Well, it would be nice to have a pizza waiting :)
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Postby mrchad9 » Tue Jul 27, 2010 6:04 am

Tonka wrote:
mrchad9 wrote:
Tonka wrote:I think the average person that goes out to hike or climb a given trail or peak is basically prepared.

Reading the article, do you think Sharla and her sons are the average people out for a hike, or a below-average group who seemingly left their competence back at the trailhead? The average person shouldn't need a rescue in that situation, prepared or not, should they?

Tonka wrote:No one really goes out on a hike/climb thinking "I have a cell phone, SAR will come get me."

Interested in your perspective in why this family of three decided to carry their cell phone half-way up South Sister. To order pizza on the way down, or to call for SAR should they decide to do so?


I don't think they were the norm. We just had a police rescue here in a suburb of Minneapolis where a mom and her son got lost on mountain bike trails in like a 300 acre park (how). I get it. I may not spend the amount of time on mountain trails as most of you but I get out there and most people I run into seem to be prepared. I ask you, Do you think that the average person that plans a hike or climb is prepared?

Well, it would be nice to have a pizza waiting :)

I'm not sure if the average person out for a hike is prepared or not. Perhaps more than 50% are- so that is one way to look at it. But I believe there is a significant portion that is not. I think my point is though, that even if we say 10-20% of folks are completely incompetent and unprepared, and 1% of those ends up in a situation like this, then that leads to one of these frivolous rescues for 0.1% of folks. Any is too many.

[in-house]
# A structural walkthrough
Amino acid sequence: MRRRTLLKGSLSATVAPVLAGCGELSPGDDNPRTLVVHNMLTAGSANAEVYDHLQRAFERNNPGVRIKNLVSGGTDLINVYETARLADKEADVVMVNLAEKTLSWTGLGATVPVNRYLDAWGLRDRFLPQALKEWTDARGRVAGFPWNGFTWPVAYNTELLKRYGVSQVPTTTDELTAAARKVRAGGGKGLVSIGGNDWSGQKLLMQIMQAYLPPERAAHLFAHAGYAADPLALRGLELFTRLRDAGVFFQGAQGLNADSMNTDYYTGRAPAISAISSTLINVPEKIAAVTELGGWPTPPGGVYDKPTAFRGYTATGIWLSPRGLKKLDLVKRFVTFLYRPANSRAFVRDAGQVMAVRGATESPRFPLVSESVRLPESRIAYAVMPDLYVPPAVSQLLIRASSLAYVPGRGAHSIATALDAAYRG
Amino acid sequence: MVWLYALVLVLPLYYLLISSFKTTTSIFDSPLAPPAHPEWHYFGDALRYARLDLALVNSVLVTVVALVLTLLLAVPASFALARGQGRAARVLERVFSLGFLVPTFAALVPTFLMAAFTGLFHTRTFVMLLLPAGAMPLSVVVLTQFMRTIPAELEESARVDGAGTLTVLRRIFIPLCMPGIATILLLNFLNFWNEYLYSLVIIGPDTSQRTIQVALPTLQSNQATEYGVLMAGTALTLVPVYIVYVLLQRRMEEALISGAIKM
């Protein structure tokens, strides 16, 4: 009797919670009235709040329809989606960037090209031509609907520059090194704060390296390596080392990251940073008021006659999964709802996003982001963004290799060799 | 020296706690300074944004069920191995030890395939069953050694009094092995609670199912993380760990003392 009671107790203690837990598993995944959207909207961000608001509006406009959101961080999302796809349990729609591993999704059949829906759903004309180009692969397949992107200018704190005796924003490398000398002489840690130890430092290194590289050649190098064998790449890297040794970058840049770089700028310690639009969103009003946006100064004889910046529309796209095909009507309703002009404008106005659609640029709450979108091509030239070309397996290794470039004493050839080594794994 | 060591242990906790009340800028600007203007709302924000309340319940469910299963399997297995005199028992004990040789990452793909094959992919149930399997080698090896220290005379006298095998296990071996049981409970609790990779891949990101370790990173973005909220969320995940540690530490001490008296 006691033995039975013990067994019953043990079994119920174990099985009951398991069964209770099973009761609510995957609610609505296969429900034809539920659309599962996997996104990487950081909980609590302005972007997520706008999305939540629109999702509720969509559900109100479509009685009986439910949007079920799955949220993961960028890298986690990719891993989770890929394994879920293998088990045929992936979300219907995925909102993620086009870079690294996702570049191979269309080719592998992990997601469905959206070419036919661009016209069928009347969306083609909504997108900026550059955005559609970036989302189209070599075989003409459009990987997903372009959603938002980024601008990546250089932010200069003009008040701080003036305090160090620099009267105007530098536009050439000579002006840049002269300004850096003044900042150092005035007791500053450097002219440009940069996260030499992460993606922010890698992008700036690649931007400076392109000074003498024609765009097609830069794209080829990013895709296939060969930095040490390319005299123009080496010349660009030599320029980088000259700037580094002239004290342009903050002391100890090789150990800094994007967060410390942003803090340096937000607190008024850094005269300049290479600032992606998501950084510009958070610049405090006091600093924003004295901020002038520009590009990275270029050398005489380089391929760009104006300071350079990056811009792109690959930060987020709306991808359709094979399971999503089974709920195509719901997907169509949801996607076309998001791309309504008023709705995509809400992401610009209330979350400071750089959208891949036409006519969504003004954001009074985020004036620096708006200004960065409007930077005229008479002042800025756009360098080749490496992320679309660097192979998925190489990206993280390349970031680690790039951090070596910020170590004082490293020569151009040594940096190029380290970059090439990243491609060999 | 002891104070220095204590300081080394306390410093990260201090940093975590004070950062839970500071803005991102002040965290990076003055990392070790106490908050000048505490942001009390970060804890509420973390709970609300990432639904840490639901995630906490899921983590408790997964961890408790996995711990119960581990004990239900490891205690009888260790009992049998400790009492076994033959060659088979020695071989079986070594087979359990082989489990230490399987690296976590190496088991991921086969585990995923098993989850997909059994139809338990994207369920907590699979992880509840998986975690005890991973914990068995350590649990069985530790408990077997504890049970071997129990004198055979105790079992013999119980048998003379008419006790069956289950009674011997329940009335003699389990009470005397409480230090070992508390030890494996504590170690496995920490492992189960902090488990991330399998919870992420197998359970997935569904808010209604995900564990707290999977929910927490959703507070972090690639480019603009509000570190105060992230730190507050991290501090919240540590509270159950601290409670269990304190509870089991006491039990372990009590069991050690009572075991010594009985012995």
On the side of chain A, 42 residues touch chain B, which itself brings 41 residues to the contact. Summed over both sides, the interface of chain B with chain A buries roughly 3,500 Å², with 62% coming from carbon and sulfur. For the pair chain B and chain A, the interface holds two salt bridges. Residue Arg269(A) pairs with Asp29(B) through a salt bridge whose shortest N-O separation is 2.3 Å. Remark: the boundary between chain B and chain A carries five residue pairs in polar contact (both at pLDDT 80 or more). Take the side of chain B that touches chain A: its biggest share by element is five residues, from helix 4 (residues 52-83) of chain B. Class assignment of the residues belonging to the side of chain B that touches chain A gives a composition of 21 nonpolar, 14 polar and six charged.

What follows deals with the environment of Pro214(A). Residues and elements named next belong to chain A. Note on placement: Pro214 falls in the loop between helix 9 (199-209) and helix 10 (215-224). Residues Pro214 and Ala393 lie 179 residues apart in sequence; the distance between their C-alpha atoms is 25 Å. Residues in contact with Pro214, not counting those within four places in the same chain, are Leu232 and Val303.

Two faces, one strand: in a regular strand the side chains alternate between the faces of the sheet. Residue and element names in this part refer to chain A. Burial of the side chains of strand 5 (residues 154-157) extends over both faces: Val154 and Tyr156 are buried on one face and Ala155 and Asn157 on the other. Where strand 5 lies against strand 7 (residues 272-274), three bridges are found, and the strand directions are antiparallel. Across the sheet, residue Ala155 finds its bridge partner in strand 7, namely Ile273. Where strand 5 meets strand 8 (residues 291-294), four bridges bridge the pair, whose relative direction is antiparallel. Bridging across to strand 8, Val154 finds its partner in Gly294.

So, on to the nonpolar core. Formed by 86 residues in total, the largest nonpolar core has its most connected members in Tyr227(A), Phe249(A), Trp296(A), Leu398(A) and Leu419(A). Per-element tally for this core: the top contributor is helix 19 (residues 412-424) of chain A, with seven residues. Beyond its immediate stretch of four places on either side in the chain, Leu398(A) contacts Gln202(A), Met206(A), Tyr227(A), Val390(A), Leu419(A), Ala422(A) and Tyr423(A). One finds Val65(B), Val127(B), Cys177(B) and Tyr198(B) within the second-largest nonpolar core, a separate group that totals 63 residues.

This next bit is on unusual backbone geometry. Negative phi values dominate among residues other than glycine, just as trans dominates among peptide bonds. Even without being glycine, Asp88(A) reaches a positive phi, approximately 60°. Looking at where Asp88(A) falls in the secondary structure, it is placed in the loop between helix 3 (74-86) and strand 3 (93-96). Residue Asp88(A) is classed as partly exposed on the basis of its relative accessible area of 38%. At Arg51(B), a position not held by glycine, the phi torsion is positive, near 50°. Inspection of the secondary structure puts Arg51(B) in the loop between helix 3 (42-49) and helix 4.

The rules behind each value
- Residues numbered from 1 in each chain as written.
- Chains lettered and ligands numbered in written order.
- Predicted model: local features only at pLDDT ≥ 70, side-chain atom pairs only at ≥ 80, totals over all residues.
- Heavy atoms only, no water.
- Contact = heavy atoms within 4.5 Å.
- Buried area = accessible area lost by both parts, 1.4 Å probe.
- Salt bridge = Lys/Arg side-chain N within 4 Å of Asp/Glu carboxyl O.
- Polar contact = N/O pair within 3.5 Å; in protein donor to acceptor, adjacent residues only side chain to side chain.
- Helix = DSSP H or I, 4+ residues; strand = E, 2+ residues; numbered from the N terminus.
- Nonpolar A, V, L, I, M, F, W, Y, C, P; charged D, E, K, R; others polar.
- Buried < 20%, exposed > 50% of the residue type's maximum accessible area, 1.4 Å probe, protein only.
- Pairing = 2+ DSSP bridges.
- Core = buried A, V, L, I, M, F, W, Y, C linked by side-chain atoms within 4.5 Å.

These folks didn't seem to be in a life threatening situation, or in a medical emergency. I would much rather see the SAR organization making the call use some judgement and say "Well, we think you'll be fine until tomorrow on your own. Call us back when it is life threatening, or we can come now but you'll have to pay the bills." I'm not for folks having to pay to be rescued when they need it, but folks could stand to learn a few lessons and be uncomfortable for a night sometimes too. Better to hold off until it is needed.
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Postby Alpinisto » Tue Jul 27, 2010 1:16 pm

Dingus Milktoast wrote:Consider the classic local common interest story, fire department rescues cat out of tree. In a 25 seconds 'slow news night' spot the news dept will

1. Mispronounce the neighborhood name
2. Get the cat's owner's name wrong
3. Misidentify the type of fire truck dispatched
4. Completely ignore anything the fire dept. have to say
5. Focus on the back ground story of the cat (climber)
6. Wrap it all up in time for commercial.

Us? We just see a news blurb about a cat in a tree. Believe it or not, *most* people do not complain about the cost of dispatching the fire department to rescue a stranded kitty... OR climber, for that matter.

To most people there is almost no difference in the two stories. Just someone else stranded somewhere. If there is a buzz about it even more folks will stop and stare, just to catch the vibe of the buzz itself.

But most folks will just walk on by - with nary a comment or care.

So don't feel so self conscious next time you read a news butcher story about climbers - no one cares anyway. You're just a cat in a tree.

DMT


^^^This iz korrekt (probly).

However, if the cat falls out of the tree and is killed, there will be 359 comments posted to the online news report, saying that the cat was crazy to be up in the tree in the first place, that the cat had a death wish, that the fire department has NO BUSINESS rescuing cats that go up trees unprepared, that "my taxes" shouldn't be used to rescue such adredaline junkies as cats who climb trees, etc., etc., etc.
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Postby simonov » Tue Jul 27, 2010 2:39 pm